- The Washington Times - Thursday, March 11, 2004

Quote of the week

“Before leaving the question of divorce, I should like to distinguish two things which are very often confused. The Christian conception of marriage is one; the other is the quite different question — how far Christians, if they are voters or members of Parliament, ought to try to force their views of marriage on the rest of the community by embodying them in the divorce laws. A great many people seem to think that if you are a Christian yourself you should try to make divorce difficult for everyone. I do not think that.

“At least I know I should be very angry if the Mohammedans tried to prevent the rest of us from drinking wine. My own view is that the Churches should frankly recognize that the majority of the British people are not Christians and, therefore, cannot be expected to live Christian lives. There ought to be two distinct kinds of marriage: one governed by the State with rules enforced on all citizens, the other governed by the Church with rules enforced by her on her own members. The distinction ought to be quite sharp, so that a man knows which couples are married in a Christian sense and which are not.” — C.S. Lewis, from “Mere Christianity.”

What an extraordinary contrast to some in the current religious right.

Gluttony nation

You don’t need to read the latest report on higher and higher rates of life-threatening obesity to know that this country has a problem. Just walk through any airport and observe the throngs barely able to move or breathe or sit in a regular chair. I’m a libertarian kind of fellow, so I see no need to get harrumphy about this. The experience of obesity cannot be in any way pleasant for the person involved — physically, psychologically or emotionally. It must be a prison for many; and the huge profits to be made from diet pills, diet fads and exercize programs reveal the extent and tenacity of the phenomenon. So what’s to be done collectively?

I have an idea: nothing. If people want to eat themselves into misery and early death, it really isn’t anyone else’s business. If businesses want to cater to getting people fat and then helping them get thin, and no one is committing outright fraud, what’s the problem? It’s a free-ish country, and the gluttony and vanity industries are part of what keeps this economy going. Of course, on a personal basis, you can and should express sympathy, help, support and so on.

But a national anti-obesity crusade? Count me out. I fear, in fact, that Big Food is soon going to be getting the same treatment as other perfectly legitimate industries, such as Big Tobacco and Big Alcohol. McDonald’s has already removed its Super Size options. Who’s next? Ben and Jerry’s? Friendly’s? The usual scolds are already prepping their jeremiads. “If the government said, ‘You really ought to cut back on soft drinks and juice drinks,’ those lobbyists would go berserk. They don’t want to take on the food industry,” Marion Nestle, a professor of nutrition and public health at New York University, told The Washington Post last week. Uh oh. I hear a new lobby rising out of the mire.

Kerry’s annulment

One important issue in John Kerry’s past has been studiously avoided this election season. It’s the annulment of his first marriage to Julia Thorne. The Catholic Church declared the marriage void — despite the fact that it lasted 18 years, produced two children, and the annulment was fiercely contested by his first wife. How can such a marriage be understood to have never taken place, as annulments imply? Here’s how a story in the Washington Blade explained it last week:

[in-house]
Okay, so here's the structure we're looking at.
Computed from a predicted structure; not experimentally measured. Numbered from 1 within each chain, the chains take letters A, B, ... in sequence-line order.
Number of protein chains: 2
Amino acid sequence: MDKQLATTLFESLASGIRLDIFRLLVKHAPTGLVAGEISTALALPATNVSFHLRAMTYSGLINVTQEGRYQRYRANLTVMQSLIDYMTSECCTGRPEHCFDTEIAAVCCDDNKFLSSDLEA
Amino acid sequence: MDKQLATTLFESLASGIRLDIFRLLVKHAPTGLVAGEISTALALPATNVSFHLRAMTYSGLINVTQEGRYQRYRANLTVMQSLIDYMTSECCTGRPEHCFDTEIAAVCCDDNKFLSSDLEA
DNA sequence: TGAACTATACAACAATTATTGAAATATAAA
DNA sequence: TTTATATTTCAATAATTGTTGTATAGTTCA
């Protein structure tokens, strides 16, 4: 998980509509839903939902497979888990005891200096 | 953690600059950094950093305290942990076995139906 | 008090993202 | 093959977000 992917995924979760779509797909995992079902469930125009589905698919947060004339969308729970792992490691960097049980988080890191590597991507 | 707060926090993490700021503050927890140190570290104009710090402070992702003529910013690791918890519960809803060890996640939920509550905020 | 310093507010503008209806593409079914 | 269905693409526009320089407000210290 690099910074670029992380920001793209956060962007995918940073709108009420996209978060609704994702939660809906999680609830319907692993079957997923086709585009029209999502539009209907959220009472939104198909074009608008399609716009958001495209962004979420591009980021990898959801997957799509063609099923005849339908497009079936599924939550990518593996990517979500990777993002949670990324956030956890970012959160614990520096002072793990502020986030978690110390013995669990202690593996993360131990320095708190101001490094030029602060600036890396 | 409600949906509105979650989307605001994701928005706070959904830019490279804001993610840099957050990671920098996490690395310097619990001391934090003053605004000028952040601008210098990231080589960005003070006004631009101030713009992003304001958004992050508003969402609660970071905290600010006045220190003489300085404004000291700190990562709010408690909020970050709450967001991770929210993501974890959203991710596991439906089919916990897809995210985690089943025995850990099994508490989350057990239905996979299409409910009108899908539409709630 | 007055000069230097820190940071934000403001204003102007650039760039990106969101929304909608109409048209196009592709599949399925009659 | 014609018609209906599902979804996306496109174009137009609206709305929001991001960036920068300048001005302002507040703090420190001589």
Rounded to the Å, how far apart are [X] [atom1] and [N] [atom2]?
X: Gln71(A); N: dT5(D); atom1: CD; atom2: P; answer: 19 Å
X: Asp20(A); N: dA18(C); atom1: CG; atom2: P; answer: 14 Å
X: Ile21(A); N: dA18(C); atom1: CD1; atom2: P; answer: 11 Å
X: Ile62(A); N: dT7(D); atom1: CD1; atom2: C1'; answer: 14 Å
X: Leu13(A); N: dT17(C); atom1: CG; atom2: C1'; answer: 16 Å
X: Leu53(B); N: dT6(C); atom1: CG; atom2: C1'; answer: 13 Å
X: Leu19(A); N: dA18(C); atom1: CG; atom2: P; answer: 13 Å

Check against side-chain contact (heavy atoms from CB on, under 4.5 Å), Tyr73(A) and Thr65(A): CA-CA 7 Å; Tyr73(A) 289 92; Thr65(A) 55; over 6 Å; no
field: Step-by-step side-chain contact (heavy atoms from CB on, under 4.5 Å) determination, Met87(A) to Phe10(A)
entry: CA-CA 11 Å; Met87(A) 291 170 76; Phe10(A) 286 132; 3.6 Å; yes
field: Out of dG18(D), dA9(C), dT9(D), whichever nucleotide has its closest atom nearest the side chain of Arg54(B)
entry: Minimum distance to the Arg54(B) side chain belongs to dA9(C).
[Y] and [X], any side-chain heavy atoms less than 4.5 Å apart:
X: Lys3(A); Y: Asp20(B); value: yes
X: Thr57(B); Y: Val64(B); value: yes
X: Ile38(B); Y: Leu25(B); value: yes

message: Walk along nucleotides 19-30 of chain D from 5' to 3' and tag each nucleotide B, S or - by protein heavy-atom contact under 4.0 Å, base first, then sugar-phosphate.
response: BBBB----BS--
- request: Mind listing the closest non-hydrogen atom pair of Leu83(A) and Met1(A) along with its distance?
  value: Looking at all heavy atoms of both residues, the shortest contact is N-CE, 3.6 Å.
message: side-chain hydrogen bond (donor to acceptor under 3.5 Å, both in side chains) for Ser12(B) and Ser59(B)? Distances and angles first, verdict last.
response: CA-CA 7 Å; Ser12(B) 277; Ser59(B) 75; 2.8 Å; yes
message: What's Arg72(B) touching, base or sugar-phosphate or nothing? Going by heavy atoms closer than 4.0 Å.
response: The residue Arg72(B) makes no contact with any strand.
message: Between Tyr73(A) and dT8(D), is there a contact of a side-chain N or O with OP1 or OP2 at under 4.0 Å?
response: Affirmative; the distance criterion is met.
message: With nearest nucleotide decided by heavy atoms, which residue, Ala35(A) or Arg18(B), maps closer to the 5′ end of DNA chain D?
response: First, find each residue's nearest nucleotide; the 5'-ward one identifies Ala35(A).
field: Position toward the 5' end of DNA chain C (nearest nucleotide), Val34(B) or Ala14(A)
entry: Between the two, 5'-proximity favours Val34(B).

“Political opportunity arose again after Paul Tsongas announced his retirement from the U.S. Senate in 1984. Kerry won the race to fill that seat and entered into what current wife Teresa Heinz called his ‘gypsy phase,’ commuting between apartments in Washington, D.C. and Boston, and dating actresses Morgan Fairchild and Catherine Oxenberg as well as a former law partner. Kerry and Thorne finalized their divorce in 1988. After Thorne requested an increase in alimony in 1995, Kerry sought an annulment of their marriage from the Catholic Church, a move observers saw as retaliatory. Kerry eventually received the annulment from the Boston diocese despite Thorne’s vehement objections. Past media reports did not indicate the grounds on which Kerry sought to annul his marriage of 18 years, after it produced two children, and the campaign also declined to provide any explanation.”

Of course, there may not be anything untoward about Mr. Kerry’s annulment. They are increasingly common among Catholics. In the early 1960s, there were about 300 a year in the United States. Now there are around 60,000 — around 10 percent, by some estimates, of all Catholic marriages! Eighty percent of the world’s Catholic annulments occur in America. All that’s worth remembering when you hear Catholic bishops speak of the sanctity of marriage and the impermissibility of divorce. There’s an escape clause. Mr. Kerry strolled right through it.

Great moments

Hard to beat this one from the New York Times:

“The Mirror account was written by Bill Borrows, an editor at large for Maxim U.K., who said in an interview that he could not recall, exactly, where he got the information that Charlie [Churchill’s alleged parrot] used to swear about Hitler, but that he might have read it on the Internet. He said he had not met Charlie in person, but had tried, unsuccessfully, to conduct a telephone interview. ‘The bird didn’t say anything, but I’ve had worse,’ Mr. Borrows said.”

Jayson Blair has a future, if only he’d cross an ocean.

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